MC 12’s deliberations were broadly around four main pillars plus, notably, WTO’s response to the pandemic, fisheries, agriculture, WTO reform plus other issues.
All bets are off whether the World Trade Organisation’s 12th Ministerial Conference (MC 12), held in Geneva from June 12-15, delivered a successful outcome for India and developing countries. Ministerial deliberations are being extended by a day to cobble up deliverables if compromises are made at the eleventh hour. Since its inception 27 years ago, WTO has managed only one update on trading rules with respect to trade facilitation, which came into force five years ago. This highest decision-making body seeks to address the challenges of making a rules-based multilateral trading system more relevant in a world where the devastation wrought by Covid-19, climate change, and geopolitical tensions have upset global trade.
MC 12’s deliberations were broadly around four main pillars plus, notably, WTO’s response to the pandemic, fisheries, agriculture, WTO reform plus other issues. These four pillars are critical issues on which India and developing countries have major stakes. It says a lot about the extremely low expectations around MC 12 when the WTO Director-General, Ngozi Okonjo-Iweala, stated that “even landing one or two (deliverables) will not be an easy road.”
What the D-G had in mind was waiving trade-related intellectual property rights (TRIPs) to produce Covid-19 vaccines and on fishing subsidies, both of which were tantalisingly in reach ahead of MC 12. Although India struck a “maximalist compromise position” by earlier agreeing along with the US, EU, and South Africa to limit the waiver to only vaccines for five years, there was opposition by some developed countries to uphold the spirit of India and South Africa’s proposal floated in October 2020 also to include drugs and diagnostic devices. The latest draft text left this matter for member countries to decide over the next six months, while India held that any agreement to combat the Covid-19 pandemic would be incomplete without a waiver for vaccines, therapeutics, and diagnostics.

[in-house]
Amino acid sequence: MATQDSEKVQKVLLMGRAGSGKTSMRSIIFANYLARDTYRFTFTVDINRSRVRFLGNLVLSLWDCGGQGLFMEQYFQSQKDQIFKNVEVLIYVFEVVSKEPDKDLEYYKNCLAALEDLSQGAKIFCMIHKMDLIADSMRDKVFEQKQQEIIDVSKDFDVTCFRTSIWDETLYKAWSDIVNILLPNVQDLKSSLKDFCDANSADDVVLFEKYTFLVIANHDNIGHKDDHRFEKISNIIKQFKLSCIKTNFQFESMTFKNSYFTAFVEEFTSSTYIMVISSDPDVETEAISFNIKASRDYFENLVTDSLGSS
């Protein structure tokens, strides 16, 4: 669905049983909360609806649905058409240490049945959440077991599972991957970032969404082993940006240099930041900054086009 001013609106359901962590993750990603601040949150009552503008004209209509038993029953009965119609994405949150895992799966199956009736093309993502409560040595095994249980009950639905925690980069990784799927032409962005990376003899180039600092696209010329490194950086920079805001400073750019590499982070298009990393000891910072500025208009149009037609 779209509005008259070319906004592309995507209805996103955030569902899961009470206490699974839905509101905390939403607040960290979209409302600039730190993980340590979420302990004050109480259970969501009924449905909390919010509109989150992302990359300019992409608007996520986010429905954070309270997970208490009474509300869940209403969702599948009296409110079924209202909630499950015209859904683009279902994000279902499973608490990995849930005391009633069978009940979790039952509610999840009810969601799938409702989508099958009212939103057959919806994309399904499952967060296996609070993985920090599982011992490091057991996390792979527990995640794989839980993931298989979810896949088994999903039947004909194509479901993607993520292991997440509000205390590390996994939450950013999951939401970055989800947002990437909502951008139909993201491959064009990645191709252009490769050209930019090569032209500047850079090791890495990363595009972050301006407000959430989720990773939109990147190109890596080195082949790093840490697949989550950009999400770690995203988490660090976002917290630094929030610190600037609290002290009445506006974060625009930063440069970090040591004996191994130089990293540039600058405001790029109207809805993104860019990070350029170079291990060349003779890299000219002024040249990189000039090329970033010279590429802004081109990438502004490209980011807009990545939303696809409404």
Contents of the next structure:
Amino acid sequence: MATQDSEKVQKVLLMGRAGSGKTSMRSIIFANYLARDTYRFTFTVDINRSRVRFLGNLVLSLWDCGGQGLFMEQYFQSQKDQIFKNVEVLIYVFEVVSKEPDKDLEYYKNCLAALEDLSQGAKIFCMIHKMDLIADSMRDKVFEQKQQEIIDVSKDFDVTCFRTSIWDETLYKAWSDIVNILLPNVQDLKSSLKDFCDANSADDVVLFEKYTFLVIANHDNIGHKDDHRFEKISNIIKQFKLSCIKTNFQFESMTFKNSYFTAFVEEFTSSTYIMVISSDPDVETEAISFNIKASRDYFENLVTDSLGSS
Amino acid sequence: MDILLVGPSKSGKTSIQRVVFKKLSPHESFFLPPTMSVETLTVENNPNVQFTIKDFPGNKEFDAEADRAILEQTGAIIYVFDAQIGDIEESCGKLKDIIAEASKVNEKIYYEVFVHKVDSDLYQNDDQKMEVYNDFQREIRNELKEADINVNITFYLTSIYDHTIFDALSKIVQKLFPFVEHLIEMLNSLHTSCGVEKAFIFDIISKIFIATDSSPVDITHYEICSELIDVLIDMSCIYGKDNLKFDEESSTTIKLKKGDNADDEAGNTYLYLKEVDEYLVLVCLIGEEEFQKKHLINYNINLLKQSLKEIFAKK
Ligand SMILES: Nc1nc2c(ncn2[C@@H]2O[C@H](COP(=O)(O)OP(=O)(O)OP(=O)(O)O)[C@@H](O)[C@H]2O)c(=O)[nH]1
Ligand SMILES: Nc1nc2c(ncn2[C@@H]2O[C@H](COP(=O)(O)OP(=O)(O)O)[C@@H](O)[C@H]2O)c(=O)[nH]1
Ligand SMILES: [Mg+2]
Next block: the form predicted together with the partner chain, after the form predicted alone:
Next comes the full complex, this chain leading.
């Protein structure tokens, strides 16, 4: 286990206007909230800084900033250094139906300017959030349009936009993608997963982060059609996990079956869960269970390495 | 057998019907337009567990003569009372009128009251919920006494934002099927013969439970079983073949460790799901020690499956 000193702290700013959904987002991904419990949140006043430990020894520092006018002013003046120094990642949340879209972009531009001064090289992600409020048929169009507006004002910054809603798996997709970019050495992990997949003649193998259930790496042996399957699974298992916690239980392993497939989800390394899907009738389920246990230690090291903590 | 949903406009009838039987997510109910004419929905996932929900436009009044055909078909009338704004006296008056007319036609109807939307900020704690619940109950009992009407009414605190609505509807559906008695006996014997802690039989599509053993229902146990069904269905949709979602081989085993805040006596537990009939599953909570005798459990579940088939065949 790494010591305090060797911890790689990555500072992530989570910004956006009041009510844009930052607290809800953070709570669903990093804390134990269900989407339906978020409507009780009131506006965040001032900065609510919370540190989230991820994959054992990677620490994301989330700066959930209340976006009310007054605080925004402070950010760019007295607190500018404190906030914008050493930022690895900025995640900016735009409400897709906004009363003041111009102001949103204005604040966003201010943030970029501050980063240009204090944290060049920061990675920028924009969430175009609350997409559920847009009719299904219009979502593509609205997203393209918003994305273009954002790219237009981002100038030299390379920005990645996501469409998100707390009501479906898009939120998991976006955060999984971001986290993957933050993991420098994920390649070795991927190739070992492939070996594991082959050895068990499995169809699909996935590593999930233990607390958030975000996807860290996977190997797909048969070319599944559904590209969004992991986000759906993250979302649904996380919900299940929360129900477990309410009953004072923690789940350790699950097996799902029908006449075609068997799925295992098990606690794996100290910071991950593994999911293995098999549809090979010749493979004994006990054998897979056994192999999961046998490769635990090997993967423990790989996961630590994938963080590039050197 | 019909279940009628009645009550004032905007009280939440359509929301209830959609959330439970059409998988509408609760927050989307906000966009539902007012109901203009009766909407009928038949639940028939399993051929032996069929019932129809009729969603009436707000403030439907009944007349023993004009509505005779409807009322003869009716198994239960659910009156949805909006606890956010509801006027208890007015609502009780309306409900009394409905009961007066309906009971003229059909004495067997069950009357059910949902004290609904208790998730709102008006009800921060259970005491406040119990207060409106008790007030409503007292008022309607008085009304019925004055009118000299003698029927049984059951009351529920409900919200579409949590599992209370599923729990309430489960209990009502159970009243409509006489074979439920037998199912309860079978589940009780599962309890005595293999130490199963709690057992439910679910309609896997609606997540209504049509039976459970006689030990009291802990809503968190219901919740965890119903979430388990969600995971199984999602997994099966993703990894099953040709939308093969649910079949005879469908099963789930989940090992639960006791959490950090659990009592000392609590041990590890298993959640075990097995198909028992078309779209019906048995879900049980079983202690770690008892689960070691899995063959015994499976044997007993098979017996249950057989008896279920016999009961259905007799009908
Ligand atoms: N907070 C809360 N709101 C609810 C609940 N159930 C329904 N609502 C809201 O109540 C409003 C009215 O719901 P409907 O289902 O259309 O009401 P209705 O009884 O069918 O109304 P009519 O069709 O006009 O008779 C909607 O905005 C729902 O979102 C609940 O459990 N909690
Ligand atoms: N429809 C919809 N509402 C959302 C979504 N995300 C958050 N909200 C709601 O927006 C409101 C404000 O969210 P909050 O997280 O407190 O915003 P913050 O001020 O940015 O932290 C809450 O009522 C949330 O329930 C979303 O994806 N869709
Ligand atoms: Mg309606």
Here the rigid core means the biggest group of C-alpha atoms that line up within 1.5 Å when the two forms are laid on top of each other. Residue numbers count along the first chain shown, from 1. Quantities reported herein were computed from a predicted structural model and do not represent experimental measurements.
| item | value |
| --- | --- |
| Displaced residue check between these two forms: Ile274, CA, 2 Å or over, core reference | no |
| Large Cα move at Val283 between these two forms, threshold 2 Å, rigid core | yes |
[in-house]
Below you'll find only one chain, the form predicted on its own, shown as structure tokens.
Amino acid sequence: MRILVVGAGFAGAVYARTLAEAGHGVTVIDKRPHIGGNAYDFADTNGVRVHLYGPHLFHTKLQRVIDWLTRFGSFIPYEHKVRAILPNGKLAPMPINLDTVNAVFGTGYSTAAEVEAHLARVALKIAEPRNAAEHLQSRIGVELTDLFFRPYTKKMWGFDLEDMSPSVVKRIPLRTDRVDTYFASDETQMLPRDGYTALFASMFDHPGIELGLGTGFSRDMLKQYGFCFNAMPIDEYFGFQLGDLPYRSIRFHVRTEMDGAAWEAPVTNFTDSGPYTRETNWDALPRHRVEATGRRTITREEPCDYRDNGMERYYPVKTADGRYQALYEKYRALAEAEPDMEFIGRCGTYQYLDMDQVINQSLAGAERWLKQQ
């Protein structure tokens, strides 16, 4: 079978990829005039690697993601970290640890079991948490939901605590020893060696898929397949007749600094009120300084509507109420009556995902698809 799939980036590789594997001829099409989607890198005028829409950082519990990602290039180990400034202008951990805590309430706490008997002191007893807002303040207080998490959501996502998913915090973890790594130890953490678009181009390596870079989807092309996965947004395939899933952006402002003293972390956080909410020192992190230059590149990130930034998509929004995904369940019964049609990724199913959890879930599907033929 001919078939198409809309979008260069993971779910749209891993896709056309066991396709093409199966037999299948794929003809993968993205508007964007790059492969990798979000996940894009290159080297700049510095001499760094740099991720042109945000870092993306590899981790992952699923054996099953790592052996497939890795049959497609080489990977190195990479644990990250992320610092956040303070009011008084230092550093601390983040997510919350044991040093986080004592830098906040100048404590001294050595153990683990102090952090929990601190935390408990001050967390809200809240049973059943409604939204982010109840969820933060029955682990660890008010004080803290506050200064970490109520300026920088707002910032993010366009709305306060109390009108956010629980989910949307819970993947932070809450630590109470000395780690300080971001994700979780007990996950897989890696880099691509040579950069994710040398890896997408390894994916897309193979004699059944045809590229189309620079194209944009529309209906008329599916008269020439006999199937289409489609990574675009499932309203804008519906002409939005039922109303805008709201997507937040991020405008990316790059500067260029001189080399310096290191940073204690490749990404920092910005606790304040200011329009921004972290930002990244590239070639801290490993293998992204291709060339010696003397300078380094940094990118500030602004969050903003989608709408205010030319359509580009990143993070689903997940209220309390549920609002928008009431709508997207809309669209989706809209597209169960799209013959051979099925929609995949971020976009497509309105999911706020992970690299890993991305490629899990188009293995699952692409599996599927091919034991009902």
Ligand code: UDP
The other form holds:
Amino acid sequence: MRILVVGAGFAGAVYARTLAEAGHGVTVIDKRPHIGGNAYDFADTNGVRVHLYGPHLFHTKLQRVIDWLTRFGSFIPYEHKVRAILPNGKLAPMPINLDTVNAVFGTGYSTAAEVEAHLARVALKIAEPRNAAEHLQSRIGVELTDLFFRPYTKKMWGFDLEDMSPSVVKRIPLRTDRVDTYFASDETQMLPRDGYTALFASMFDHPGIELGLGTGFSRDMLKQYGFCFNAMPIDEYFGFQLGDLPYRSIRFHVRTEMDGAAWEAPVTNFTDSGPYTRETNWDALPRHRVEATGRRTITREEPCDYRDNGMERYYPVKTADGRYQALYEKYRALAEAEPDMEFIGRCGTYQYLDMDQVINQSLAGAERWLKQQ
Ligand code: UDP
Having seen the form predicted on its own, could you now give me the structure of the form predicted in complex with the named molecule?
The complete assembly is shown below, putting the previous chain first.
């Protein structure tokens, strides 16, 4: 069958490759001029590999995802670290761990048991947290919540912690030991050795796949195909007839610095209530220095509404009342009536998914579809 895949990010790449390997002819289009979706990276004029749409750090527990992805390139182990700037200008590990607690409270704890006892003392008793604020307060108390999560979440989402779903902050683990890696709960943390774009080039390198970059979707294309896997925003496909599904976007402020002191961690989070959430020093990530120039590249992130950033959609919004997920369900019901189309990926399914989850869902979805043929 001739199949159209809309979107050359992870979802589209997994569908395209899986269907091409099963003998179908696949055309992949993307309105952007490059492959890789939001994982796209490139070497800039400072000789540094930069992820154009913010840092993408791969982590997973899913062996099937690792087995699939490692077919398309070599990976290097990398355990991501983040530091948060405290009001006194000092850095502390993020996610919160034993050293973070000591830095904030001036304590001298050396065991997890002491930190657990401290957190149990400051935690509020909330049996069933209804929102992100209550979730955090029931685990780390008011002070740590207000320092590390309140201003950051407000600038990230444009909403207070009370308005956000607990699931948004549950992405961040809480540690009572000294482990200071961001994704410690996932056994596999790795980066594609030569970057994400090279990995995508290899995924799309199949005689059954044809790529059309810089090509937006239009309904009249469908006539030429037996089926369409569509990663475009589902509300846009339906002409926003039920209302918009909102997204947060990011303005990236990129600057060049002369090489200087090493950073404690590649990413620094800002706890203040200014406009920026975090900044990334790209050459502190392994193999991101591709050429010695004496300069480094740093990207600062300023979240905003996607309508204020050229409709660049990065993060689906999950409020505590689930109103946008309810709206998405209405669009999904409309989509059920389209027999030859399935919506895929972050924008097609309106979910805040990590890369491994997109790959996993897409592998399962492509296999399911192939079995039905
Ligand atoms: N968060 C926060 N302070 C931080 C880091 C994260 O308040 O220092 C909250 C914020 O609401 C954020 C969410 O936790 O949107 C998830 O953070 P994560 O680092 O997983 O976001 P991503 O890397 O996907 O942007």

It is only by reaffirming the spirit of the October 2020 proposal that the TRIPs waiver can turn into a full agreement. India also has serious problems with the draft fishing agreement to eliminate subsidies for illegal, unreported, and unregulated fishing and to prohibit certain forms of fisheries subsidies that contribute to overcapacity and overfishing. India has sought greater balance and fairness in the negotiating text. The tough stance can perhaps change if its concerns over the transition period are agreed to.
MC 12 is thus a mixed bag for India. Its quest for a permanent solution to the issue of public stockholding for food security might be kicked down the road for the next ministerial. It is concerned that developed nations are pushing proposals on WTO reforms which dilute provisions on special and differential treatment for developing countries, besides trade and environment linkages, inclusion of plurilaterals or agreements between few like-minded members to negotiate over particular issues and ending the system of consensus for every decision that must be made. India, South Africa, and Indonesia are also opposed to continuing a moratorium on duties for digital goods expiring this month. The prospects for a tariff on digital transactions is a curious fate for WTO that has seen tariff barriers lowered to 9% and global trade volumes more than doubled under its watch. Such divisions come in the way of even a limited number of deliverables at MC 12 despite last-ditch efforts to avert an impasse.